Triple Receptor-Negative Breast Cancer: Current and Future Treatments

Erika N. Brown, BS, MS, PharmD, and Ana M. Gonzalez-Angulo, MD
Published: Friday, Mar 04, 2011


Breast cancer is the most frequently diagnosed malignancy in women in the United States. Triple receptor-negative breast cancer (TNBC) represents a small percentage of all breast cancers, but it constitutes the majority of breast cancers of the basal-like subtype. TNBC is characterized by the lack of expression of estrogen and progesterone receptors and by the lack of overexpression of human epidermal growth factor receptor-2 (HER2). Published studies have shown that TNBC is highly sensitive to chemotherapy in the neoadjuvant, adjuvant, and metastatic settings. Even with TNBC’s high sensitivity to chemotherapy, patients with TNBC have high recurrence and relapse rates. Many of the ongoing clinical trials available for patients with TNBC focus on the safety and/or efficacy of new, targeted agents given alone or in combination with standard or alternative chemotherapy.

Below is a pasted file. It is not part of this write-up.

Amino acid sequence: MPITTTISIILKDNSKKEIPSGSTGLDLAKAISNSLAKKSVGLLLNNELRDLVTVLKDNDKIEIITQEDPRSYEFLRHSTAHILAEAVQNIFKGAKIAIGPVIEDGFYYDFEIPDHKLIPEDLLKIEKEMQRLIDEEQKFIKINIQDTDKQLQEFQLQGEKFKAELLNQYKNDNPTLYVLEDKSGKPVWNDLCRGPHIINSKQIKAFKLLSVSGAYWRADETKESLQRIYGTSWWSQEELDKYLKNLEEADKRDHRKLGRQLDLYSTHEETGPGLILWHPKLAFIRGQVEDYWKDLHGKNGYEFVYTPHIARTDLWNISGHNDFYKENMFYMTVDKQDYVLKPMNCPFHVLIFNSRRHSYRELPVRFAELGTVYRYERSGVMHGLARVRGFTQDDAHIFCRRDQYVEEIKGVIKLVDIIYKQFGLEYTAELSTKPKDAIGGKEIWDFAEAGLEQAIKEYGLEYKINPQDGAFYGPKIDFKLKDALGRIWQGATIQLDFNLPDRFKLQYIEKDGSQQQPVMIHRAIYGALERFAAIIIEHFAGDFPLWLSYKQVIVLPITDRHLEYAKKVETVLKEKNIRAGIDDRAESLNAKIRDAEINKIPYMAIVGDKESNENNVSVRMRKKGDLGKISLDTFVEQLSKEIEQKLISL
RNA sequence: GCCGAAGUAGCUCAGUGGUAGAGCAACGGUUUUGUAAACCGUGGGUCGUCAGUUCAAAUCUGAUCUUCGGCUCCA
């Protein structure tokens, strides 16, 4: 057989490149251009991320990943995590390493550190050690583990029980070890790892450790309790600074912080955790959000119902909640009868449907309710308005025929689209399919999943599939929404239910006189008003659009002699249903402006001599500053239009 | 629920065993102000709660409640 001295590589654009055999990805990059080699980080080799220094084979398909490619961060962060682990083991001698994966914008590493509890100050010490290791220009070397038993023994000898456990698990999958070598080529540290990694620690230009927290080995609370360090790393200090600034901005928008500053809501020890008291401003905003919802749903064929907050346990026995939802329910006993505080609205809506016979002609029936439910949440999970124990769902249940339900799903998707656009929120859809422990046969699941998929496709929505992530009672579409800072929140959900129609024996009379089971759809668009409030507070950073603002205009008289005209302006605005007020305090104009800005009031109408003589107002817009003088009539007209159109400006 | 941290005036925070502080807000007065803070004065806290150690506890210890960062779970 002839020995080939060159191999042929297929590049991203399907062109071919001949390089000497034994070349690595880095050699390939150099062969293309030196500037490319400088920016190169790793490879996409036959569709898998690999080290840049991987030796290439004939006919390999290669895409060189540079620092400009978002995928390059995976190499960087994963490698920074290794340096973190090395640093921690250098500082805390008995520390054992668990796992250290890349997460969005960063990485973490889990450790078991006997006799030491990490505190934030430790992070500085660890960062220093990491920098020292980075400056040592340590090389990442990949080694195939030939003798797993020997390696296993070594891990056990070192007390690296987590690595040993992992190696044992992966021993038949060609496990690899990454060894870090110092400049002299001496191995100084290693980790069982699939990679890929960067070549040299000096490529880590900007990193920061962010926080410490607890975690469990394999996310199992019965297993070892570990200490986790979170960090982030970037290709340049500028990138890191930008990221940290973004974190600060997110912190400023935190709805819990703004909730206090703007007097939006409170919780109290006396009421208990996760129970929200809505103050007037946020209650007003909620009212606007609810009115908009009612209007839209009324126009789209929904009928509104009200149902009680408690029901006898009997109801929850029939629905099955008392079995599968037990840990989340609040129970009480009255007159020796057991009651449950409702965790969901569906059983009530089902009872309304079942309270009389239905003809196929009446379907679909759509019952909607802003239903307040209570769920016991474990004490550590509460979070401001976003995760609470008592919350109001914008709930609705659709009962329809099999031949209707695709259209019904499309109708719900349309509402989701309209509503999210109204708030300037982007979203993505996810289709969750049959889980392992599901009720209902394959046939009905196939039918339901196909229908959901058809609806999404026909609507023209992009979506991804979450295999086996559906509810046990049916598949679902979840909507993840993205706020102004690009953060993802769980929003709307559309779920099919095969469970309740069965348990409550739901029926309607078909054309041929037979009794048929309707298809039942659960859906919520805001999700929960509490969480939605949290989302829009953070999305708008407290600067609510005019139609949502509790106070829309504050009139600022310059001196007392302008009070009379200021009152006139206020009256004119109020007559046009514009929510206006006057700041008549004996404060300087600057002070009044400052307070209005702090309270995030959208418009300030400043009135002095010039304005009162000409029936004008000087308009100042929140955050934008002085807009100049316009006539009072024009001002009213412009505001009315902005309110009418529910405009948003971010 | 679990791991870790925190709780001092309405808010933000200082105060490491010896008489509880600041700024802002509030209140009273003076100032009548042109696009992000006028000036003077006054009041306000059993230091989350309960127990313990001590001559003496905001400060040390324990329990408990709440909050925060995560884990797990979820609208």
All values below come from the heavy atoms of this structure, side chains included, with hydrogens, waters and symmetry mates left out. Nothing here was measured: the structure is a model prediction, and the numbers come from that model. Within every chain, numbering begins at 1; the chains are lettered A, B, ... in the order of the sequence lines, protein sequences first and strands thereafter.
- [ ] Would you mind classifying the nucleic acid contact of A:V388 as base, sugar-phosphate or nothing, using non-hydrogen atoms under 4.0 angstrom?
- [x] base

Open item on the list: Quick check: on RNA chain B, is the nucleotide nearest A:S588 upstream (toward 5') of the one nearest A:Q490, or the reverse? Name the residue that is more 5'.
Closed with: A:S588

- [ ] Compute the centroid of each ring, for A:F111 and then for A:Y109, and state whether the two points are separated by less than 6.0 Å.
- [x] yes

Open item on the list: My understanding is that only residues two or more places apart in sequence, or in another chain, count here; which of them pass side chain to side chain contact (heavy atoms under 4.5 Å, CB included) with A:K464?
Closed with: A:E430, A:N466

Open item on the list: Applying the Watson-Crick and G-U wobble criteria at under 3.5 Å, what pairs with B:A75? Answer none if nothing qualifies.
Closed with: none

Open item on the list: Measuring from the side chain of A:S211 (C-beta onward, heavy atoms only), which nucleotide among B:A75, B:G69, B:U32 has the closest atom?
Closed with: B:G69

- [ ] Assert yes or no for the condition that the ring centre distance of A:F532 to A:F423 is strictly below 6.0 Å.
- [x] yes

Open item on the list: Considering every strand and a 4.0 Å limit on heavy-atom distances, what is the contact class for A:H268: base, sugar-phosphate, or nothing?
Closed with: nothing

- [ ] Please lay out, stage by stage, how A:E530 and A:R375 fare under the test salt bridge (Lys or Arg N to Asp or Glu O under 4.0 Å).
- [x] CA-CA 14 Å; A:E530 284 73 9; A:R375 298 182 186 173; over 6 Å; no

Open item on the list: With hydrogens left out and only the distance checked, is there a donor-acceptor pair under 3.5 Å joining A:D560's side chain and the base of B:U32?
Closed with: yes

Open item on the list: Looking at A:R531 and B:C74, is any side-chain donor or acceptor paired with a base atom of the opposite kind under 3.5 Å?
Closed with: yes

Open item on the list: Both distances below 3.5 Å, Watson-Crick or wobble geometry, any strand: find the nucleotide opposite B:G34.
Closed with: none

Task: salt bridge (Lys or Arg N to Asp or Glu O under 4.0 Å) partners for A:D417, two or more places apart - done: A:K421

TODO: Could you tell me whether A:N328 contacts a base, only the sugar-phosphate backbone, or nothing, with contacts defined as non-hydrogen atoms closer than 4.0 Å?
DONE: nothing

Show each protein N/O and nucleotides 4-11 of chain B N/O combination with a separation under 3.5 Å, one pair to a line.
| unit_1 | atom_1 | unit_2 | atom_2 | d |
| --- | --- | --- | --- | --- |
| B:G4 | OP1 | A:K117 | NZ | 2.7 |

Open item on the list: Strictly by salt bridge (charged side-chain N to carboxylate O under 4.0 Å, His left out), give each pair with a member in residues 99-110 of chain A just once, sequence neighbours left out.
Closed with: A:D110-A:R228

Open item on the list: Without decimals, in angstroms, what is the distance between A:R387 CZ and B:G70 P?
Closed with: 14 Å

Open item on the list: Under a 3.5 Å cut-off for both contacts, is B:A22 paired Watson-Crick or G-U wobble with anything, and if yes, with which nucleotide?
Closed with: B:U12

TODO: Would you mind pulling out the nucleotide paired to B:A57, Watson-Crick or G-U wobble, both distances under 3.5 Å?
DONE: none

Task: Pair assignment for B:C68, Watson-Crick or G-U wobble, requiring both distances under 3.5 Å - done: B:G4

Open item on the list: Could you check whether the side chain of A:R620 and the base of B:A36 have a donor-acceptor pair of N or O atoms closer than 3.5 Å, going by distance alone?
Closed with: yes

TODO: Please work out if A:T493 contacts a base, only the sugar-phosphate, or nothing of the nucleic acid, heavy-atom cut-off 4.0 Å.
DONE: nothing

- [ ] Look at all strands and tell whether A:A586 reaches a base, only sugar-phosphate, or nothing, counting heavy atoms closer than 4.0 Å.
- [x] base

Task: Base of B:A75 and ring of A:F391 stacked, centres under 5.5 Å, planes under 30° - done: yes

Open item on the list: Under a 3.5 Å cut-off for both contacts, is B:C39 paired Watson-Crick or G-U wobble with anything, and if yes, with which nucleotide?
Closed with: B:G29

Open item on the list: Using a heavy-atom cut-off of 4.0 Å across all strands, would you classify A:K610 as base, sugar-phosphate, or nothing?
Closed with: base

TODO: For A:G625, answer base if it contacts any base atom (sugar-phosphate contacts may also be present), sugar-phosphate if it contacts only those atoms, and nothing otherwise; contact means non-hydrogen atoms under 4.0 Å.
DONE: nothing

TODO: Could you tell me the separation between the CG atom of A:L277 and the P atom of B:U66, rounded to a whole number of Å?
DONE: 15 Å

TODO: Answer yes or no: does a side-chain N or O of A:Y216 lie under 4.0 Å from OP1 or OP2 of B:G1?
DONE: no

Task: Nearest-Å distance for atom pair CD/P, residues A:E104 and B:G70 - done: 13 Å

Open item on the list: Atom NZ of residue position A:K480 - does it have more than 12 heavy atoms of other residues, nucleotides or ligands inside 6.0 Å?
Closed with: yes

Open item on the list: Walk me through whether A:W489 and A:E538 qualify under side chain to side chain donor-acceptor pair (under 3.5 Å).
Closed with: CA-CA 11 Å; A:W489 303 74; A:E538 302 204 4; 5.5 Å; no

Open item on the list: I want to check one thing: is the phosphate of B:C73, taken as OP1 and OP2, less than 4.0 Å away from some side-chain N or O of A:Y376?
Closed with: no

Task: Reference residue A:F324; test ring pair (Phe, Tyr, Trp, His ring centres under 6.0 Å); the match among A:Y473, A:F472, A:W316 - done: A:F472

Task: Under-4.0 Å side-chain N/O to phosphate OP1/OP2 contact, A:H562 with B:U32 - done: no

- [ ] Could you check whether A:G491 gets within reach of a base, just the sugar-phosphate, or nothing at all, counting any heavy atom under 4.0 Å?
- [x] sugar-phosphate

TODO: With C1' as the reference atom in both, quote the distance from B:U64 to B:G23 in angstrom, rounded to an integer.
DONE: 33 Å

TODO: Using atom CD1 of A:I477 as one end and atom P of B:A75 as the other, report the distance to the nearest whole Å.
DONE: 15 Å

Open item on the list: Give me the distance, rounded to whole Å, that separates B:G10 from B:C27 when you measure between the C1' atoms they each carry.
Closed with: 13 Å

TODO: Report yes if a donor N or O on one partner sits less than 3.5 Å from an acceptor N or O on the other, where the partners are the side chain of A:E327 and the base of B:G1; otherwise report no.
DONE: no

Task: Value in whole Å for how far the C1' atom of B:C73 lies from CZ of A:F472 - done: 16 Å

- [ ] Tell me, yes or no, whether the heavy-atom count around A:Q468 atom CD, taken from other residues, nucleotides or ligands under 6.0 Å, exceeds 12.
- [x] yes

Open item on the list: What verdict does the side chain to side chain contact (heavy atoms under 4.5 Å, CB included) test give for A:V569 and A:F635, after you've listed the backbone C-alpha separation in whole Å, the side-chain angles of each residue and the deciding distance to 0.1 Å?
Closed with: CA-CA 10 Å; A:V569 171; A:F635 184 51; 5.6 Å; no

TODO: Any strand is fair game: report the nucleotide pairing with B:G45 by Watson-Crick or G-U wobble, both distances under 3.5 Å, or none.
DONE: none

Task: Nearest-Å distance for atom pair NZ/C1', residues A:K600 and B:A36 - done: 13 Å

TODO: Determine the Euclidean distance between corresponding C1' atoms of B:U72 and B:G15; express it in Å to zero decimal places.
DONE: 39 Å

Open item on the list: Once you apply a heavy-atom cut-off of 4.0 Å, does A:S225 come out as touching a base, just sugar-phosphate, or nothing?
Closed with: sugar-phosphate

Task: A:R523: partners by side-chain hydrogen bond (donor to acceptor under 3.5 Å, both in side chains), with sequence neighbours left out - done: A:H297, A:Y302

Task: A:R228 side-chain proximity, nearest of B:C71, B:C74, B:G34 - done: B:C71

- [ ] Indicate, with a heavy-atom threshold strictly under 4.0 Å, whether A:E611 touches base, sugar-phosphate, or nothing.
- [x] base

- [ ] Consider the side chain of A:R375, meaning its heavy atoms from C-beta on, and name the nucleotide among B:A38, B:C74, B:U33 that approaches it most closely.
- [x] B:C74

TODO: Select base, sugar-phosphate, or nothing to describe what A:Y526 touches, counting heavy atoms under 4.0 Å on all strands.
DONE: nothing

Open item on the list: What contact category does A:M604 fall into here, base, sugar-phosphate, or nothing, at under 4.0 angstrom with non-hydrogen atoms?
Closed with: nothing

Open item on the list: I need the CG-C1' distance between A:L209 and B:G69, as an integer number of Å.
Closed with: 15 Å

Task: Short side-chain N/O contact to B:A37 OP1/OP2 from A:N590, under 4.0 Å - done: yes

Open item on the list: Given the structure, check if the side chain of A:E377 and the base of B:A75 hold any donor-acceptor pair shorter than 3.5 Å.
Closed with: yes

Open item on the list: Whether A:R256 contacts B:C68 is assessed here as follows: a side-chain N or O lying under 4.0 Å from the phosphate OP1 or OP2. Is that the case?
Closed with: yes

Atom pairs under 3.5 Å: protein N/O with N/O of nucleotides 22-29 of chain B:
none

Breast cancer is the number one malignancy diagnosed  in women in the United States. In 2009, it was estimated that more than 190,000 individuals would be diagnosed with breast cancer and approximately 40,000 would die from the disease.1 The incidence of invasive breast cancer has decreased over the years, largely because screening rates have increased, facilitating earlier diagnosis. Even when diagnosed early, however, triple receptor–negative breast cancer (TNBC) has a poor prognosis and represents a major unmet need.

Molecular Subtypes of Breast Cancer Breast cancer consists of a group of diseases with many clinical, pathologic, and molecular characteristics that affect prognosis and treatment. There are 4 intrinsic breast cancer subtypes by gene expression: basal-like, HER2, luminal A, and luminal B.2 These 4 subtypes have been shown to have different prognoses and different responses to therapy.2-5

Clinical Characteristics of Triple Receptor–Negative Breast Cancer (TNBC) TNBC represents about 10% to 15% of all breast cancers and constitutes more than 80% of all basal-like diagnoses.7-9 TNBC’s classification is established by the lack of ER and PR expression by immunohistochemical (IHC) assay and by the normal expression of HER2 by IHC or fluorescence in situ hybridization.
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TitleExpiration DateCME Credits
Advances In™ Tumor Testing: Interpreting Genomic Profiles to Optimize Breast Cancer TreatmentJun 29, 20191.5
Oncology Briefings™: Current Perspectives on Preventing and Managing Tumor Lysis SyndromeJun 30, 20191.0
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